Holden


Gender: Masculine

Origin: English

Meaning: “Deep valley.”

Pronunciation: (HOLE-den)

Nicknames: Hold

Detail: Holden is an English surname which was first taken from the same English place name. It is made up of the Old English elements hol “deep, hollow” and denu “valley”.

Holden Caulfield was the main character in the novel The Catcher in the Rye by J.D. Salinger.

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Foster


Gender: Masculine

Origin: English

Meaning: “Forest; keeper of the forest.”

Pronunciation: (FAWS-ter)

Nicknames: Fos, Foz

Detail: Derived from Middle English occupational words referring to a forester, scissor maker, or woodworker.

Neva


March Snow (1904) by Igor Grabar

Gender: Feminine

Origin: Latin; Old English; French

Meaning: “Snow, new, juniper tree.”

Pronunciation: (NEE-vah)

Nicknames: Neve

Detail: Neva is derived from the Latin word neve meaning “snow”.

A different derivation of Neva is from the Old English word neowe which means “new”

Another origin of Neva is from the Old French Geneva meaning “juniper tree”

Arlo


The Half Holiday, Alec home from school by Elizabeth Adela Stanhope Forbes

Gender: Masculine

Origin: English / Spanish / Germanic

Meaning: “A man, barberry tree, fortified hill.”

Pronunciation: (AR-loh)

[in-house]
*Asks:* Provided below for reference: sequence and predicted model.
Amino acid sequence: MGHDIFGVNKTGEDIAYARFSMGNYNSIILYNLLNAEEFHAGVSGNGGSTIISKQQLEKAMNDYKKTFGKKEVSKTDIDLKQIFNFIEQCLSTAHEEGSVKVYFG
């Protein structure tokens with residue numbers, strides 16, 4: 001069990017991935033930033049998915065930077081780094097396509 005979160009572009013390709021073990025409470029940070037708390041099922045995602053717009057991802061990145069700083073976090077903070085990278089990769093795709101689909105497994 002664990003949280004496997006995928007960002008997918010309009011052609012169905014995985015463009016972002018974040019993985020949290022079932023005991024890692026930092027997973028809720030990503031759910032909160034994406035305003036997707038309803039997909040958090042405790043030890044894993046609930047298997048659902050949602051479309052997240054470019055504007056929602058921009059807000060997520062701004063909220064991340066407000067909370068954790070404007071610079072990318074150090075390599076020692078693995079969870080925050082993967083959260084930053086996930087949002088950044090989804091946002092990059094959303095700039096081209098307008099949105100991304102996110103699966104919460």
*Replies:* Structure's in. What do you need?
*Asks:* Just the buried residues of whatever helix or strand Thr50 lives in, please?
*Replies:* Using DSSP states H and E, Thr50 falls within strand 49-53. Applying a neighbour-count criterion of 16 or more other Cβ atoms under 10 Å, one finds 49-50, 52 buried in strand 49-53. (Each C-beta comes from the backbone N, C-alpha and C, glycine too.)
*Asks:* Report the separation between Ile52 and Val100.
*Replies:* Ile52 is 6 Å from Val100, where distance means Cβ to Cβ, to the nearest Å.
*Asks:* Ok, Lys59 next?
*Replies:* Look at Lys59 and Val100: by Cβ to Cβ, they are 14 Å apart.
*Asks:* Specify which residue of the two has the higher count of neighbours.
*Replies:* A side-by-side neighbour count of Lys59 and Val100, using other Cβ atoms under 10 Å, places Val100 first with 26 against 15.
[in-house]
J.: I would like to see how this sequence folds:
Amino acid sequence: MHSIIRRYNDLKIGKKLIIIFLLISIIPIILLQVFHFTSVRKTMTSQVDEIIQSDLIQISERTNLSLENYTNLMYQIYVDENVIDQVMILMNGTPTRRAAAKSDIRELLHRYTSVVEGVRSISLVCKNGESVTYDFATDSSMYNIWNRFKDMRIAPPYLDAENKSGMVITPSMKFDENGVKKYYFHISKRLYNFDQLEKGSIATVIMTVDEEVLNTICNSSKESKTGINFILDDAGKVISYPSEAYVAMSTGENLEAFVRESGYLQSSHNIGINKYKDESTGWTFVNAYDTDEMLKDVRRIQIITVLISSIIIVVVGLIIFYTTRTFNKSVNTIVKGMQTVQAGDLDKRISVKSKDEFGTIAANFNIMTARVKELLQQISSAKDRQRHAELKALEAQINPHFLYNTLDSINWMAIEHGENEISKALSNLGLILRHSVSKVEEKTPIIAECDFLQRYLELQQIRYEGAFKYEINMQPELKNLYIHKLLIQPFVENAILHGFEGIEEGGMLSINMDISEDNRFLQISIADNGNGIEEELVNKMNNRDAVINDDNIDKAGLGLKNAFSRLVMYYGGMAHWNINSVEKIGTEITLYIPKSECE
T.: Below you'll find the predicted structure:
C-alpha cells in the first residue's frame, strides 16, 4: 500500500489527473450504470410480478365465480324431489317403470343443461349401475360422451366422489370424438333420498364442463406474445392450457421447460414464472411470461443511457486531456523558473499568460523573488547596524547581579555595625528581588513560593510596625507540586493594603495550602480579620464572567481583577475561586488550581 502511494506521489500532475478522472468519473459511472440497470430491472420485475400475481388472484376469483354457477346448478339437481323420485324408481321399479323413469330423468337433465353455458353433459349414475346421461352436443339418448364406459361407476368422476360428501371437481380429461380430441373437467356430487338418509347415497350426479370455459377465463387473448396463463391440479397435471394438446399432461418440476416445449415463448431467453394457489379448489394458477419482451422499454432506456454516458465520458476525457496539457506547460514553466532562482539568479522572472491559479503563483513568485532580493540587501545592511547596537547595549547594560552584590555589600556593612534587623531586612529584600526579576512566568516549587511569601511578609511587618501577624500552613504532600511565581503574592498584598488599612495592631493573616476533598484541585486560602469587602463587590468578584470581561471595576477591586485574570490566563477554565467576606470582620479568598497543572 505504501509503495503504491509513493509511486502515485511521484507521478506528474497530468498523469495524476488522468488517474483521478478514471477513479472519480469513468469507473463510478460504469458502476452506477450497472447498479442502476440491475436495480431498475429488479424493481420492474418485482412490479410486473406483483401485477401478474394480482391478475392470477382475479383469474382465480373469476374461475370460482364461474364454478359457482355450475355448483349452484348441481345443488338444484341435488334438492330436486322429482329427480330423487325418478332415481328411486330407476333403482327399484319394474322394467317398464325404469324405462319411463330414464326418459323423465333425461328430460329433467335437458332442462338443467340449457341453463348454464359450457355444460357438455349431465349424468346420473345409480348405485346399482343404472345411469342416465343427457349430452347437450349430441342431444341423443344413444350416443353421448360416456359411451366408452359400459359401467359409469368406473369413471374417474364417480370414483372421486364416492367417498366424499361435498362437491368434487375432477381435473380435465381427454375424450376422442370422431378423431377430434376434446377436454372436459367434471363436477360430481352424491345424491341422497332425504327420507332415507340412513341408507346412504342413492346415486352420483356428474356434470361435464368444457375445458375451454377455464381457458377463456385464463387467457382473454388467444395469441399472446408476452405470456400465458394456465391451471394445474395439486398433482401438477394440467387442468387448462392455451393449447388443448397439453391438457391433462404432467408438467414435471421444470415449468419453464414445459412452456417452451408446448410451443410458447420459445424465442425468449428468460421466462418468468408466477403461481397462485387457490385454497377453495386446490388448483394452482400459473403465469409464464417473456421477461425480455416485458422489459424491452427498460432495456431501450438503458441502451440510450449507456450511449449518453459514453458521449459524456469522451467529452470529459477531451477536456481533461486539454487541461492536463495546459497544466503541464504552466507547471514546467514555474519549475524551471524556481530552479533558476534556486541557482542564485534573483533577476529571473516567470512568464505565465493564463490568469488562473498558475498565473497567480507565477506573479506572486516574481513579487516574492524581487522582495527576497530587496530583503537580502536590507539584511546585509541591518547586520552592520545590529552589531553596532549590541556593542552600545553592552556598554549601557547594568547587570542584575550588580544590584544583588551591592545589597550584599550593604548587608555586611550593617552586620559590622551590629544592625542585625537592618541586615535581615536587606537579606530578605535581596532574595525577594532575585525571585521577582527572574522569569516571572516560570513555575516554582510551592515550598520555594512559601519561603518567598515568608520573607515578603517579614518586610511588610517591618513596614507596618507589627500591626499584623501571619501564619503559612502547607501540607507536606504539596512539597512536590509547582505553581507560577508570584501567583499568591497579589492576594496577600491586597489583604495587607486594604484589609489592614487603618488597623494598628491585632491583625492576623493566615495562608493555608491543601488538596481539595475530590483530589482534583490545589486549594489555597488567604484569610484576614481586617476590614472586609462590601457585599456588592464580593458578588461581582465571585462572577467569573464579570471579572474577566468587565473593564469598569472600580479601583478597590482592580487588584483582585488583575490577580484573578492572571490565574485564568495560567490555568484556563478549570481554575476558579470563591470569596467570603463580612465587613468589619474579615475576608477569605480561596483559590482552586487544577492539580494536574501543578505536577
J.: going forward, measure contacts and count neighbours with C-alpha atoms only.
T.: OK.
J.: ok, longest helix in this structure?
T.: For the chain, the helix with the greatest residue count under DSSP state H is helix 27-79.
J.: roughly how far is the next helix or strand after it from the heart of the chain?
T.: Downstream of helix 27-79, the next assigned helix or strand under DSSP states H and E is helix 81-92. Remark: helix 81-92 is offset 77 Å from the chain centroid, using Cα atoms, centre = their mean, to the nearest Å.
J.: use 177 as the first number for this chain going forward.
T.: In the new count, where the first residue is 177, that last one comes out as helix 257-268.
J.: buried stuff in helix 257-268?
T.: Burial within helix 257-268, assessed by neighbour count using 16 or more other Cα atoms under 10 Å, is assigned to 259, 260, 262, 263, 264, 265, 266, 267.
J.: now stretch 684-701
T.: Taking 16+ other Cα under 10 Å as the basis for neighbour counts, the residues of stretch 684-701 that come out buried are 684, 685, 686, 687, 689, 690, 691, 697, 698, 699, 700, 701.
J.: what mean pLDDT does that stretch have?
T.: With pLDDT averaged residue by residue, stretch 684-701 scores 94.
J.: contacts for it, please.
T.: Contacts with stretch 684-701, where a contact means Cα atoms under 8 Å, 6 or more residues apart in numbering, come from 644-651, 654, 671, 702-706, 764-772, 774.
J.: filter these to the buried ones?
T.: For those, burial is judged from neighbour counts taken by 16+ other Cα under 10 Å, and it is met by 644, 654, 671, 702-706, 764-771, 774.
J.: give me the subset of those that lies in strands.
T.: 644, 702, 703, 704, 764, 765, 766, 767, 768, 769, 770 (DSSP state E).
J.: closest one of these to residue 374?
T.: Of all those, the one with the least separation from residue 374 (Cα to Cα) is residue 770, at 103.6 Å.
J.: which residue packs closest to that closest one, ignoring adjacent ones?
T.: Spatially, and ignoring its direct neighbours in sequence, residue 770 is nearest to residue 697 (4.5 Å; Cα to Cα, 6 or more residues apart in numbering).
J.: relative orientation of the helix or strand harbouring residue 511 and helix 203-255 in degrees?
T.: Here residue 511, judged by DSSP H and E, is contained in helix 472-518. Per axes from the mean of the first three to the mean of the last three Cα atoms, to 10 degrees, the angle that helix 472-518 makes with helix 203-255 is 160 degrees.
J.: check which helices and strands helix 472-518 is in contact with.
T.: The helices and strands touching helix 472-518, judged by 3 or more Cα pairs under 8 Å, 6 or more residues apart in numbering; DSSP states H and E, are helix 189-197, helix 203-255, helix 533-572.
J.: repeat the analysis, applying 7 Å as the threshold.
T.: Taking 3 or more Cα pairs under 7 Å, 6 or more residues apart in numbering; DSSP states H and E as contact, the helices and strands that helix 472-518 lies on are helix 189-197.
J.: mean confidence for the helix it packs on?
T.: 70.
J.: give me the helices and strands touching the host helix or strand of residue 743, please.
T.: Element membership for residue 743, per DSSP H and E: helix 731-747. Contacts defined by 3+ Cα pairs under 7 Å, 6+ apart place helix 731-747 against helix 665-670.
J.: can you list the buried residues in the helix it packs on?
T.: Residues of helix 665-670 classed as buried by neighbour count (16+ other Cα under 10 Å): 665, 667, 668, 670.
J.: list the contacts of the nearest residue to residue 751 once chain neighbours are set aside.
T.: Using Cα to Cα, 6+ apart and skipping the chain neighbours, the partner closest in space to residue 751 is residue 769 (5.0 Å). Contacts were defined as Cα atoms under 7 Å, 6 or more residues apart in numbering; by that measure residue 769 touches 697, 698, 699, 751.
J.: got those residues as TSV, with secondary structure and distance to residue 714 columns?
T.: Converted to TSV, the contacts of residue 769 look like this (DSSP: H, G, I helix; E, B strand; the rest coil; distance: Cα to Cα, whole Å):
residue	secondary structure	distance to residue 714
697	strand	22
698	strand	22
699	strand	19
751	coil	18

Nicknames: Ar, Arl, Lo

Detail: There are several origins of the name:
An Italian variant of the German Charles meaning “man”
The Spanish word for the “barberry tree”
An Old English variant of Harlow, derived from the Anglo-Saxon words here and hlaw meaning “army hill”

Frigga


Gender: Feminine

Origin: Norse

Meaning: “Beloved lady; to love.”

Detail: Old Norse Frigg, Old Saxon Fri, and Old English Frig are derived from Germanic Frijjō. The root also appears in Old Saxon fri which means “beloved lady”, in Swedish as fria “to propose for marriage” and in Icelandic as frjá which means “to love.”

TGIF TFIF (Thank Frigg It’s Friday!) 😉

Yes, Friday came from the Old English frīgedæg, meaning the day of Frigg. In most Germanic languages the day is named after Freyja, such as Frīatag (Old High German), Freitag (Modern German), Freyjudagr (Old Norse), Vrijdag (Dutch), Fredag (Swedish, Norwegian, and Danish)—but Freyja and Frigg are frequently identified with each other.

Frigg is a major Norse goddess, queen of Asgard (Norse God Headquarters). Frigg appears mainly in mythological stories as wife of Odin and a mother of Baldur. She is also has the power of foresight, yet she never reveals what she knows to anyone.

Eowyn


Gender: Feminine

Origin: English / Tolkien

Meaning: “Delightful charger; horse lover.”

Pronunciation: The first syllable of Eowyn sounds like “eh-ah,” with the “ah” just barely pronounced. The y in the second syllable is the same sound as the German letter ü or the French u.

(eh-ah-weun) [French u]

In the films it is pronounced (EY-oh-win)

Nicknames: Eo, Wyn

Detail: J.R.R. Tolkien created the name Eowyn using elements from Old English. In the Old English language the word eoh (or eh) means “war-horse, charger” while wyn means “delight, pleasure.”